The Role of Prepriming in Recognition-Primed Decisionmaking Academic Article uri icon

abstract

  • Klein's (1989a) Recognition-primed Decision model proposes that the experienced decisionmaker, on encountering an incident requiring complex time-pressured decisions, first categorizes the situation as a variant of a familiar type of problem and subsequently simulates mentally the likely consequences of acting on the basis of the categorization. Drawing on data obtained in two studies, the first with Australian Football League umpires and the second with experienced firefighters, this paper suggests that Klein's model be extended to take into account the active mental processing that occurs immediately prior to the incident. In both studies, participants reported engaging in active simulations, based on the limited information available prior to exposure to the actual decisional incident. This suggests that in many time-pressured naturalistic decision settings, the experienced decisionmaker enters the situation with a number of most-likely prototype situations already activated in memory (preprimed) and that situational assessments and possibilities for action are first made from among this reduced set of preprimed prototypes.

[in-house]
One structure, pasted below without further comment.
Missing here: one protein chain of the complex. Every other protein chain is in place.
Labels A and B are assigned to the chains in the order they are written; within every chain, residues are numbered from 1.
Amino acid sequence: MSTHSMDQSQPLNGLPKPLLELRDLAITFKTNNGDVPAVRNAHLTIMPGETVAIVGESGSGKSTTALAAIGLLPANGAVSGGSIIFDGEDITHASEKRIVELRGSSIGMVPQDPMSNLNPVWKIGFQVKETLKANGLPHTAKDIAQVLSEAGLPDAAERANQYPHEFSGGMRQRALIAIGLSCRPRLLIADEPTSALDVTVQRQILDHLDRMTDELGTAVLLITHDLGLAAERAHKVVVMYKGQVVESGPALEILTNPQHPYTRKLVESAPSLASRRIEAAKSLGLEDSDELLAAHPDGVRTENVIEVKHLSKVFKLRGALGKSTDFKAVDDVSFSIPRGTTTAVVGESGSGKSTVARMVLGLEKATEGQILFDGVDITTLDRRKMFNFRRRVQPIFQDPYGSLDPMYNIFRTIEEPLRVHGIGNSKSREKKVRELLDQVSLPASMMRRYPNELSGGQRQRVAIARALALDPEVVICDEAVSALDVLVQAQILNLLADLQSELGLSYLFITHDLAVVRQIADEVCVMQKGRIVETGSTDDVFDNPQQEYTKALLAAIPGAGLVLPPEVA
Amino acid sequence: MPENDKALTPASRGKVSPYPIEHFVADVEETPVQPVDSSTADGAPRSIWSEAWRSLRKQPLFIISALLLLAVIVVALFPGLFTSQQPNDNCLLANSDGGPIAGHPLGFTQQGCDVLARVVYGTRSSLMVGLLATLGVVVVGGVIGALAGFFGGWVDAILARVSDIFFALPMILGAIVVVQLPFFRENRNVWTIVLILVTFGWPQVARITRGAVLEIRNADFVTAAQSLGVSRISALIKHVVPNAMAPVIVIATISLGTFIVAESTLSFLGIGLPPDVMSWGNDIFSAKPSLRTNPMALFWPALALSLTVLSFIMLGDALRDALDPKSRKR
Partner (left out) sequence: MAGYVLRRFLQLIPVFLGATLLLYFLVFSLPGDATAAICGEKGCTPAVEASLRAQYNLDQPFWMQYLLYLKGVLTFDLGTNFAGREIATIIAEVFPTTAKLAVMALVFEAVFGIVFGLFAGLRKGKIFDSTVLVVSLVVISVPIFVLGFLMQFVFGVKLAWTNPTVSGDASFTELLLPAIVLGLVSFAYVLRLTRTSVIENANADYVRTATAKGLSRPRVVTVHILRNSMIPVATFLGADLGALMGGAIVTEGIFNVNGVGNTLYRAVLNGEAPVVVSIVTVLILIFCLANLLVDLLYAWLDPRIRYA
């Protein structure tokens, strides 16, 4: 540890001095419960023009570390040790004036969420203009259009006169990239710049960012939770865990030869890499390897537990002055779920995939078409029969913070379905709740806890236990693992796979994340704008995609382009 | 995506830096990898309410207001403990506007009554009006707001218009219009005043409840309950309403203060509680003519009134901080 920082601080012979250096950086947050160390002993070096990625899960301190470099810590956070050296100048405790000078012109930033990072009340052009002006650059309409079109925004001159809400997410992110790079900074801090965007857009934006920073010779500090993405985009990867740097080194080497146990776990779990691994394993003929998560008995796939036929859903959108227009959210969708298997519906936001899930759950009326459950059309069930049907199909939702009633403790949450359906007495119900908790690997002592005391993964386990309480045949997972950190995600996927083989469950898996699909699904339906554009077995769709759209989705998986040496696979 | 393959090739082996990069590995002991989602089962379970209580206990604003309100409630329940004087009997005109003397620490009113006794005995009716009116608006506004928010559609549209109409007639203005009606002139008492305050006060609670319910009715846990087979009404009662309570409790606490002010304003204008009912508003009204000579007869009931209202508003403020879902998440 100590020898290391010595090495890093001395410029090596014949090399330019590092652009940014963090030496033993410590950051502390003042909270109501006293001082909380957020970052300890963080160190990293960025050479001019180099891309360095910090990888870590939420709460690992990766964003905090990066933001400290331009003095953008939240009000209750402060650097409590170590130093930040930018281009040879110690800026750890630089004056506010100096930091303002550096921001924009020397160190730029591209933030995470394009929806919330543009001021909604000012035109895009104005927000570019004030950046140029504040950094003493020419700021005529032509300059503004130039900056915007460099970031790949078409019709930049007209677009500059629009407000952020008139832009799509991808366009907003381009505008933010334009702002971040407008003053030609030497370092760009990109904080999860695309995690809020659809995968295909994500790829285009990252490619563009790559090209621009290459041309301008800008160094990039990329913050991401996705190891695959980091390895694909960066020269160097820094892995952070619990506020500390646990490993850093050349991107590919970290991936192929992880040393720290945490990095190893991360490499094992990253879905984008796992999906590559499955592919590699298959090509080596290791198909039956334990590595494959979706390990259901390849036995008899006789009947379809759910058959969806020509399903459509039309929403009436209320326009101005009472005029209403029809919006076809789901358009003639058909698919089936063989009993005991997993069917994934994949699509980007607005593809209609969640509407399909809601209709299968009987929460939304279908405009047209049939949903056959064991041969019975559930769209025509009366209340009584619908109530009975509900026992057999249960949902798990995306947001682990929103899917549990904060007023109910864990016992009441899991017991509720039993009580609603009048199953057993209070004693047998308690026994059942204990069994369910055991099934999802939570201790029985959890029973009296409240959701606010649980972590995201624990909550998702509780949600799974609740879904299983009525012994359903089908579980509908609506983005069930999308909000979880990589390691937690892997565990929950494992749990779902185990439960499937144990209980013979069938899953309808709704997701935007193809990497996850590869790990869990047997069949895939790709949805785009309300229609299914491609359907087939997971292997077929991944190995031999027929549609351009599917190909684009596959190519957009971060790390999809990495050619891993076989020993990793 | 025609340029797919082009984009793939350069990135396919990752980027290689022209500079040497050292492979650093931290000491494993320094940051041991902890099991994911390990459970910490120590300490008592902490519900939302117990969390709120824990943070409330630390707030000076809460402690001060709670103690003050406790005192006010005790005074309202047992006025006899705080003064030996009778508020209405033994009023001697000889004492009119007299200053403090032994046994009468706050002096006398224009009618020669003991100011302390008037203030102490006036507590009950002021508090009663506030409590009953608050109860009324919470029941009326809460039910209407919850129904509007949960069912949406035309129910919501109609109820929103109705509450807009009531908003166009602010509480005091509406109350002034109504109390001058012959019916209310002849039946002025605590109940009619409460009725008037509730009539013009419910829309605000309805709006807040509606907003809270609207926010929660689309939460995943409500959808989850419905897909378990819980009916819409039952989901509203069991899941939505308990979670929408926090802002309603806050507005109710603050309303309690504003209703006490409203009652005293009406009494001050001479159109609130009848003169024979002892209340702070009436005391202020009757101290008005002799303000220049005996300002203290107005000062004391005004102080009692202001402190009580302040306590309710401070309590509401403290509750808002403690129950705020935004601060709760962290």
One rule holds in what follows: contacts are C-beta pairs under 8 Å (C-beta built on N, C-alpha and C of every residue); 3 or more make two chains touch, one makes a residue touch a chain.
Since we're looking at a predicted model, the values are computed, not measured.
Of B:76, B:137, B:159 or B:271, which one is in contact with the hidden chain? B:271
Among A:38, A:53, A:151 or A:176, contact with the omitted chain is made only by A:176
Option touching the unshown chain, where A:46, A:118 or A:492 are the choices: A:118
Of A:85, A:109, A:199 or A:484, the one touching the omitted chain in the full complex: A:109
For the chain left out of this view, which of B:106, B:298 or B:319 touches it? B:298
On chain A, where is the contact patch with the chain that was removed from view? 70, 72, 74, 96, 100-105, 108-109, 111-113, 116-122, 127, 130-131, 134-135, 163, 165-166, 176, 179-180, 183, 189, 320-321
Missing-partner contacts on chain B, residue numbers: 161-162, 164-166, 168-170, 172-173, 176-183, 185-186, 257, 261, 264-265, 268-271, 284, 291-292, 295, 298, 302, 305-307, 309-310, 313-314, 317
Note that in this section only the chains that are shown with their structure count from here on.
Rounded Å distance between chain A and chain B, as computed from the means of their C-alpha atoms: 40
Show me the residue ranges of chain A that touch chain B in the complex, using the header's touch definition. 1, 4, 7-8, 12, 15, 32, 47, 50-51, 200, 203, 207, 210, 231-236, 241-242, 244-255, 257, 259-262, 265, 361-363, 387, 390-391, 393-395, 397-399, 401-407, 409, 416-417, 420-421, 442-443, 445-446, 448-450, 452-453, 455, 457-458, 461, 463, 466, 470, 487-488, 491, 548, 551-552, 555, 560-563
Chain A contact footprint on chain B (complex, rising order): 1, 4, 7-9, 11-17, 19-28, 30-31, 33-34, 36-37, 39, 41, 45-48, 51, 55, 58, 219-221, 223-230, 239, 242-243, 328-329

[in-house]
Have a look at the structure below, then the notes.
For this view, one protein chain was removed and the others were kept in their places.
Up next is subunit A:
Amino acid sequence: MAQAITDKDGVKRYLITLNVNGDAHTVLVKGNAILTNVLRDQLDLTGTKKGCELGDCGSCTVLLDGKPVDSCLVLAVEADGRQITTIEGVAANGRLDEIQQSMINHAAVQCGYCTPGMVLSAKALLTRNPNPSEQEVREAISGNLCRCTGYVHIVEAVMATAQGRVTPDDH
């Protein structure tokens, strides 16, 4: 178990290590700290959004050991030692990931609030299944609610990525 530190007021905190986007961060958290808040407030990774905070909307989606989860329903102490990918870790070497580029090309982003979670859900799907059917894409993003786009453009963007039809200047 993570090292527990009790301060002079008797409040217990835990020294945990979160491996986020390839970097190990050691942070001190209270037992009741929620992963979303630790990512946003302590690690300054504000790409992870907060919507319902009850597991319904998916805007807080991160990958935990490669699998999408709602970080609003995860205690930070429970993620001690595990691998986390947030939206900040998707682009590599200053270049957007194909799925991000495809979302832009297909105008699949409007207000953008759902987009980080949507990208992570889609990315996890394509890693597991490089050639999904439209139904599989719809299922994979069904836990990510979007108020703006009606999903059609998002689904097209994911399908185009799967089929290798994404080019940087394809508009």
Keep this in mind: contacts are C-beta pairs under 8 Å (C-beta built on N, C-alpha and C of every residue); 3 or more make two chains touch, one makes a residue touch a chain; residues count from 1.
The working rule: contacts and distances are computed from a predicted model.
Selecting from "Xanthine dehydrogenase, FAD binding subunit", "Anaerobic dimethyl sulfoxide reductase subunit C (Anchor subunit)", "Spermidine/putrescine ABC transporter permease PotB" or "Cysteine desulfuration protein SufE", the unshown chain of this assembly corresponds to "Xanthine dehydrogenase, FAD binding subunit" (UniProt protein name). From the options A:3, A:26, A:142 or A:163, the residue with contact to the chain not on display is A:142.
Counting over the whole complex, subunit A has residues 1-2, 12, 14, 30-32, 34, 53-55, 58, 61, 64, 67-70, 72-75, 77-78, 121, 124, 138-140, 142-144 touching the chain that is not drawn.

publication date

  • June 1996